Six Christians in Balapur in Rangareddy district of Telangana state were attacked and beaten earlier this month, when Pastor Enoch (name changed to protect his identity) and his mother visited a house rented by a Christian, Sandhini (name also changed for protection), to hold a prayer meeting. Four of the Christians are pictured, in a video grab, after the attack.
Persecution Relief reported that the house owner “definitely despised” the prayer meeting and informed “fanatics” who had been hunting down Christians. Between 15 and twenty people armed with bamboo sticks and rocks barged into the prayer meeting and started beating the Christians. Pastor Enoch was badly injured and his car, described as “a gift from wilful contribution of others”, was vandalised.
The fanatics beat Pastor Enoch’s elderly mother, breaking her false teeth, and attacked a Christian named John, who received head injuries and had both eardrums damaged, leaving him in need of urgent surgery. Sandhini was hit on his stomach, arms and thighs. Following the attack, Pastor Enoch lodged an official complaint in the local police station.
With attacks on Christians continuing relentlessly across India, Church in Chains’ partner organisation Persecution Relief recorded 157 incidents in the three-month period July-September 2020.
Persecution Relief Third Quarterly Report 2020
The 157 hate crimes against Christians recorded in Persecution Relief’s Third Quarterly Report 2020, covering the period July-September, brings the total recorded from the start of the year to over 450.
Persecution Relief’s founder Shibu Thomas (pictured speaking at the Church in Chains conference in 2018) notes that the cases listed in the report are “only a fraction of actual violence perpetuated and reported on the ground” as many cases of persecution are not reported due to fear. It should also be remembered that in many cases one incident affects multiple individual Christians.
The report, released on 15 October, records Uttar Pradesh as the state with most incidents (27), with Chhattisgarh second on 16 cases and Madhya Pradesh and Jharkhand joint third on 14 cases each.
Recorded incidents include four murders, 95 cases of threat, harassment and intimidation, 46 physical attacks, 45 cases of “collusion and discrimination of authorities”, 42 hate campaigns, 32 crimes against women, 25 crimes against children, 25 houses or churches vandalised or destroyed, 22 boycotts, 20 church attacks and 10 mob attacks.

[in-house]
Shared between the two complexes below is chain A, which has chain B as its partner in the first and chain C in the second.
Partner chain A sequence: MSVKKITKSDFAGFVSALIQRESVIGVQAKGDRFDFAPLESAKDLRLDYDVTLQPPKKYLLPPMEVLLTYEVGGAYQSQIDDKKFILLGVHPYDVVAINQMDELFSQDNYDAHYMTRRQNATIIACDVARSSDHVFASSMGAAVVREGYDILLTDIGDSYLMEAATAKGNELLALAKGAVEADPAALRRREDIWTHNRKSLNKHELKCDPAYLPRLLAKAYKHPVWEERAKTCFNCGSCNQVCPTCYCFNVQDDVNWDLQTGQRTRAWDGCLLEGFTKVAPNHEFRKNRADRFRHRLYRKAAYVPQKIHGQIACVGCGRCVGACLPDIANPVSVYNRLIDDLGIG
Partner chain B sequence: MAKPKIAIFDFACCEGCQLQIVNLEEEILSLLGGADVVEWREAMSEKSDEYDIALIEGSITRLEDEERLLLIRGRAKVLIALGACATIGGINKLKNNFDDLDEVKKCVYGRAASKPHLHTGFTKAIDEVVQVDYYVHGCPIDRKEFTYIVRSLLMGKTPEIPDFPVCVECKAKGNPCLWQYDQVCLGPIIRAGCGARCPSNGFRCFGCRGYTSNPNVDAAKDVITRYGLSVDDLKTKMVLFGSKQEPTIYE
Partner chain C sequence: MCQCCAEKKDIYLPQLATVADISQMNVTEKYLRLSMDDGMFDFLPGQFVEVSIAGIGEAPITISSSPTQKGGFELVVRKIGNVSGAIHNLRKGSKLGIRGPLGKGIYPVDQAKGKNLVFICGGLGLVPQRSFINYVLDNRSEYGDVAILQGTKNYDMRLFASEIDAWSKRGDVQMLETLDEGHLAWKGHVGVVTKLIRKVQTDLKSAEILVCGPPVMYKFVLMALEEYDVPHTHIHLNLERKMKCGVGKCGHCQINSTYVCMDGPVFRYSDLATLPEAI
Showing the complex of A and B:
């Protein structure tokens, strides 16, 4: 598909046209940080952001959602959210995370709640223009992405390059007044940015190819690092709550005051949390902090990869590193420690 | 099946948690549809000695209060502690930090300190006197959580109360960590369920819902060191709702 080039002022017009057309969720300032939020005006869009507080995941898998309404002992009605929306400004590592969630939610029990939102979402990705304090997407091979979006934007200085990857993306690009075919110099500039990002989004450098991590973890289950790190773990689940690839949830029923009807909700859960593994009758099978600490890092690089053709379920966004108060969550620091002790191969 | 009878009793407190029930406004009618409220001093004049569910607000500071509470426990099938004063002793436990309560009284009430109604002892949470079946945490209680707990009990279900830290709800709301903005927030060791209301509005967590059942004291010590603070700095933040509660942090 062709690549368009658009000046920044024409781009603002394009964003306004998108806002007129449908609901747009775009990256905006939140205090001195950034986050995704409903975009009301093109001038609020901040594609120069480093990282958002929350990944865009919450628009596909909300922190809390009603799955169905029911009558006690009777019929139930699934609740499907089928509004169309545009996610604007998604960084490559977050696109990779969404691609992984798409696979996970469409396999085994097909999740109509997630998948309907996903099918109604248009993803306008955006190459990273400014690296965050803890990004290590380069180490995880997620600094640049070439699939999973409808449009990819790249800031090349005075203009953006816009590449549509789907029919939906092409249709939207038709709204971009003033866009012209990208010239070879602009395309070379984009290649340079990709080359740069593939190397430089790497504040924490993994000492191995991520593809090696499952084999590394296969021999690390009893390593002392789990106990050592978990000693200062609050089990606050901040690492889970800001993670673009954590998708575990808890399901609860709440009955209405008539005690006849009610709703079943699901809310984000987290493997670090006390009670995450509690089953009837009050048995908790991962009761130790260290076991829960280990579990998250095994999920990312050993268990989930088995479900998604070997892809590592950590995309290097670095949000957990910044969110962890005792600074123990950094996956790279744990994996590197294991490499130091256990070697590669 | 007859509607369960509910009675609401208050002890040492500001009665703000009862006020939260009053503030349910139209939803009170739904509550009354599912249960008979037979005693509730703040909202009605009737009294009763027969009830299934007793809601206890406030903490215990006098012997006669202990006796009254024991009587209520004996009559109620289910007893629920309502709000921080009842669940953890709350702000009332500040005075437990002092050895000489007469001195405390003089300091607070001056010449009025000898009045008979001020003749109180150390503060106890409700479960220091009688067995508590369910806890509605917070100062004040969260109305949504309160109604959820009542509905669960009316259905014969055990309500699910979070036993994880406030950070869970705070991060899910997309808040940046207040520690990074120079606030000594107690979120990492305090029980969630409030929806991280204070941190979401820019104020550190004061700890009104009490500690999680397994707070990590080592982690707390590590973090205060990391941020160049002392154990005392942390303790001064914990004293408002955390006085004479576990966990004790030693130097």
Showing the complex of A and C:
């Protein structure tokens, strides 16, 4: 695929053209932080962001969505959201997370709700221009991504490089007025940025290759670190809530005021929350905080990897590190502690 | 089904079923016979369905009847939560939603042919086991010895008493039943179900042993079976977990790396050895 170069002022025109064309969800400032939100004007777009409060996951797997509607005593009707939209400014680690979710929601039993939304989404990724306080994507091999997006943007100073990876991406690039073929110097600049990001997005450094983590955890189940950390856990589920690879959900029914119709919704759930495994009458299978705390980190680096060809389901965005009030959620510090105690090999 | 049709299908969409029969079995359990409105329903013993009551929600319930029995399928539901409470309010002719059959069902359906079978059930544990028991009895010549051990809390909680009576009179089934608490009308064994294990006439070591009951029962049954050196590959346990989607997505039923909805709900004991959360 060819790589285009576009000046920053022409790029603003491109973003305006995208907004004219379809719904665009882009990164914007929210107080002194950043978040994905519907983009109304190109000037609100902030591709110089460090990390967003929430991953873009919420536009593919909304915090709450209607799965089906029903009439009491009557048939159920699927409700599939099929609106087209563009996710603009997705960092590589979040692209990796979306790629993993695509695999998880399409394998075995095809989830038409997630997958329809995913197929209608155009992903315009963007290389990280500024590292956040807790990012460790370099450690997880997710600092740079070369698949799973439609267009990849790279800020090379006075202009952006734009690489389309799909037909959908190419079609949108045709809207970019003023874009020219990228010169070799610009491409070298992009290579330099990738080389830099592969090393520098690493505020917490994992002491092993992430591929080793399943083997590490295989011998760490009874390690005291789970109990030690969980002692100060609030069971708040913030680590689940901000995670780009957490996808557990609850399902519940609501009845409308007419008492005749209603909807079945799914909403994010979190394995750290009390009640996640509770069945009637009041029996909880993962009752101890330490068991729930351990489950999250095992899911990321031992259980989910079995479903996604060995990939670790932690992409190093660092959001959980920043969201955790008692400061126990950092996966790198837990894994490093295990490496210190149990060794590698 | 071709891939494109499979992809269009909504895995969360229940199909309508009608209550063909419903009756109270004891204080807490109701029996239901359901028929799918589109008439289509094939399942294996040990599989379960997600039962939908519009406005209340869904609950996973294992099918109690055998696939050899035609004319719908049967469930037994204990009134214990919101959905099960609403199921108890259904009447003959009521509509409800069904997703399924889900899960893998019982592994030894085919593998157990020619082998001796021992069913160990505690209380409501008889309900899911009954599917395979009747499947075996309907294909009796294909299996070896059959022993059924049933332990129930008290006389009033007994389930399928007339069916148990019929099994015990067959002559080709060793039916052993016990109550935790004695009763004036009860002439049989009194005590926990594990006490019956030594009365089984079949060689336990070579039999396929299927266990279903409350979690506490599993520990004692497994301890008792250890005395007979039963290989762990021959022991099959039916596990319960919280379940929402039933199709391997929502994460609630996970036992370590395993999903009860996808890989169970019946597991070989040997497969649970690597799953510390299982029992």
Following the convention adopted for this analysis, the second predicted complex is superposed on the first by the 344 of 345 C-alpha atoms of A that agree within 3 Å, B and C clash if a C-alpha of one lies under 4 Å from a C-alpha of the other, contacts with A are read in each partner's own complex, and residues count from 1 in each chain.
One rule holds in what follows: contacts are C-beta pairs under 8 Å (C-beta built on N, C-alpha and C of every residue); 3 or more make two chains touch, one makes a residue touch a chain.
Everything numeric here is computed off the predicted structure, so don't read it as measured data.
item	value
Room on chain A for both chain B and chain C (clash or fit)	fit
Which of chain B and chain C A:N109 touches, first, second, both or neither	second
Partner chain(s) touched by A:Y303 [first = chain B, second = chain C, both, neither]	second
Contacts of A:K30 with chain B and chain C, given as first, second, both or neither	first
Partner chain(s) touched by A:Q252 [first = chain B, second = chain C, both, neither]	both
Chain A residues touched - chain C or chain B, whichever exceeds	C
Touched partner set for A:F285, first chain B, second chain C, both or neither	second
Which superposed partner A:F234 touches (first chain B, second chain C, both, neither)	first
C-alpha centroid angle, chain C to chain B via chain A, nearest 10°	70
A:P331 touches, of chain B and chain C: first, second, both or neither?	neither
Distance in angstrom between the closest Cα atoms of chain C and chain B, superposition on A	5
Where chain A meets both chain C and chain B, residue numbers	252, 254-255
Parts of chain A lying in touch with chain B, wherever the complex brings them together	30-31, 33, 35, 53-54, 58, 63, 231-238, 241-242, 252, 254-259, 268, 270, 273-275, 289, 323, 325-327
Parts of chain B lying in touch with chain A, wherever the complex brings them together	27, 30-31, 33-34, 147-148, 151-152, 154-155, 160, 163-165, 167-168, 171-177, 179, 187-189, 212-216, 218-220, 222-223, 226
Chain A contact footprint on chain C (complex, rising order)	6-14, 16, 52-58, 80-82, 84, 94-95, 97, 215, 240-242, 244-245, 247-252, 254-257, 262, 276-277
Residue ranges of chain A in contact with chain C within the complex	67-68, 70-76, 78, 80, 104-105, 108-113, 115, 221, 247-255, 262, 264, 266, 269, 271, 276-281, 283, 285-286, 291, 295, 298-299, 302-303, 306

Recorded incidents also include 43 false accusations and 21 unjust arrests, arising from the fact that extremist Hindus often have Christians arrested on false charges of “forcible conversion”, encouraged and facilitated by the anti-conversion laws in place in several states.
Persecution Relief has written an open letter, reproduced in the report, to Prime Minister Narendra Modi, requesting him to prevent the passing of a national anti-conversion law (which has long been rumoured to be on the way), asking him to revoke the law in states where it exists and appealing for him to meet a delegation of Christians to discuss their concerns.
The letter to Mr Modi is followed by a full report of Church in Chains’ meeting with the Indian Ambassador to Ireland, Mr Sandeep Kumar, in July 2020. Shibu Thomas also reminds readers that in July 2020 the US Commission on International Religious Freedom (USCIRF) recommended to the US State Department that India be designated as a “Country of Particular Concern” in its 2020 annual report.
In the Founder’s Note at the start of the report, Shibu also expresses concerns about other issues affecting the Christian community, notably widespread social media hate campaigns and ongoing discrimination against Dalit Christians, and the report ends with security advice for churches, organisations and individual Christians, including practical suggestions as to how they can avoid persecution and how to respond if it arises.
Read more about the persecution of Indian Christians in the Church in Chains India Country Profile.
(Persecution Relief, South Asia Research Institute for Minorities)